The 2nd Annual Retroworld Expo Was Retro-Magic
Gaming is not really that old as a culture. As a child of the 80’s, I’m one of the first generations to experience gaming from it’s infancy on through what it is today. So when I hear the term ‘retro gaming’, a lot of nostalgia pops into my head. Of course, when I heard of the 2nd Annual Retroworld Expo in Wallingford, CT at the Oakdale Theatre, I knew that it was something that I could not miss.
Not really knowing what I was in for, I managed to contact a few other local gamers from an online club I’m a part of to kind of ‘soften the blow’. I’ve been to a few other conventions and there’s nothing like experiencing it with a few other people. So, I brought my son Jaiden to tag along and we braved the modest crowd of fellow local gamers.
Now, as a disclaimer, I did not set up interviews and thouroughly research everyone that would be there. As a retro gaming noob, I didn’t know any of the retro gaming experts and youtubers that were attending (and there were quite a few). Given a day or so of attending, I figured I would be able to experience all that made Retroworld Expo what it was and that was my intent. Fun factor was my goal and that is what I aimed for.
Instantly, I noticed that my collecting dreams could certainly come true here. While there were only a few rows of vendors with classic consoles and games to purchase, the selection seemed pretty good. As Radlib spun some gaming inspired EDM-like tunage, a pretty diverse crew of localites shopped and geeked out over the offerings. I discussed with one of my ‘club-mates’ how I wanted to see about getting to know a modder who could do some emulator work for me and he pointed out that this was certainly the place to come to find out. While I didn’t follow up on my own request, just seeing the various vendors and their stock gave my confidence that if I was truly that serious, I could easily find someone. Satisfaction checkbox one!
Of course, my son Jaiden, who really isn’t that into video games, was a bit lost as he didn’t really recognize much aside from an occasional Nintendo character here and there. So, in order to bridge the gap, we strolled on over to the freeplay arcade! Tucked away in another annex to the side of the main ‘showfloor’, arcade cabinets and about half a dozen pinball tables lined the wall. Given my many years of visiting arcades, my thoughts instantly jumped to “why didn’t they fill up some of the space in the middle of the floor with more games?”. Sure, the ‘arcade’ would seem a bit cramped considering it is freeplay if they did so, but gosh darnit that’s the way arcades were!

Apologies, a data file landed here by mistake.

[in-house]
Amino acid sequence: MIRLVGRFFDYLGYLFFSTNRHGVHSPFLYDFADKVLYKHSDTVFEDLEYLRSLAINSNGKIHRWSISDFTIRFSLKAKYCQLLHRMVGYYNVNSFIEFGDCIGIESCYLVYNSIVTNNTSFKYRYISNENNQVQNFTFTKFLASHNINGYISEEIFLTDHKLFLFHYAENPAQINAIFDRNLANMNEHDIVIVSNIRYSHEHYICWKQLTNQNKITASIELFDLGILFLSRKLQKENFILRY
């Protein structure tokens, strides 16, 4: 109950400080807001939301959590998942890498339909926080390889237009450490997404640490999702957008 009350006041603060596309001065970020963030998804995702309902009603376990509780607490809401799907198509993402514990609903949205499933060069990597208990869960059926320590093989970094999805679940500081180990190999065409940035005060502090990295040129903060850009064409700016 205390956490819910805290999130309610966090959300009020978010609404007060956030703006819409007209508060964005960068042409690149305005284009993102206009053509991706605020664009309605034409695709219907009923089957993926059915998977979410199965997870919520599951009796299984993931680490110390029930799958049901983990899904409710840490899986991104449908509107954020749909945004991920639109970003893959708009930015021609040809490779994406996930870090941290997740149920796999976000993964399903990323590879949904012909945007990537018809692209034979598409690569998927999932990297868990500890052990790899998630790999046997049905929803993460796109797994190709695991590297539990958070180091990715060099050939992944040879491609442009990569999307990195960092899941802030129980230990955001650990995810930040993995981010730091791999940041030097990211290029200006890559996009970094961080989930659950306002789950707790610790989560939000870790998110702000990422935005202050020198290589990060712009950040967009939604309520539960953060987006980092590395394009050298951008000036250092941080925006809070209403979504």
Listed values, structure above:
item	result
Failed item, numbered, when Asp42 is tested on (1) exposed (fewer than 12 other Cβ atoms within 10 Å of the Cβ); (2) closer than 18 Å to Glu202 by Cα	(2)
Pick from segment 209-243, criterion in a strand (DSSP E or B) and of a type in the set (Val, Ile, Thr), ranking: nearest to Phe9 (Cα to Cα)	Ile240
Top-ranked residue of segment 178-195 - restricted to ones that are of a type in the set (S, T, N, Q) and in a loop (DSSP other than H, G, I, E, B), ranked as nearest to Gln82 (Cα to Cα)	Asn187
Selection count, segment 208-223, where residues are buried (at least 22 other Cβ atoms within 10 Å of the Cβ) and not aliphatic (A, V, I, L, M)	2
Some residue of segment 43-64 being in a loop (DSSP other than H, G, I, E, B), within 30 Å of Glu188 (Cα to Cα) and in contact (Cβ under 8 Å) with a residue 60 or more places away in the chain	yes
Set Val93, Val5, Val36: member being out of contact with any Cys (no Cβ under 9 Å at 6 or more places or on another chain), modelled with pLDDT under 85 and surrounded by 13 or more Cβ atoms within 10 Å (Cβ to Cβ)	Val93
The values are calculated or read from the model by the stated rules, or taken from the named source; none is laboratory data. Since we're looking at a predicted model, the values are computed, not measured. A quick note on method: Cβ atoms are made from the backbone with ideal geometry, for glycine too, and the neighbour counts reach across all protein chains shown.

Once I got over the quantity, I couldn’t help but respect the decent selection of cabinets that included Asteroids, Afterburner, Popeye, Pacman, Ms. Pacman, TMNT, Robocop, Mortal Kombat (can’t remember which ones but I think 1 and 2), Killer Instinct, Donkey Kong, NARC, Defender, Star Wars, and a few more. Sure, I could have thought of more that should have been there, but I certainly wasn’t disappointed in the ones chosen to be there. I watched my son spend time between TMNT, Rampage, Popeye (which REALLY confused him on what was going on), Pacman, and a slightly broken version of the wireframe Star Wars game and loving every minute of it.
As we joystick’ed out time away, bands like You Bred Raptors? and Lame Genie set the tone. I would occasionally recognize the gaming covers being reimagined and remixed and all it made me want to do is hop back on my computer find a few more original soundtracks to plug into my playlist that I play as I stream.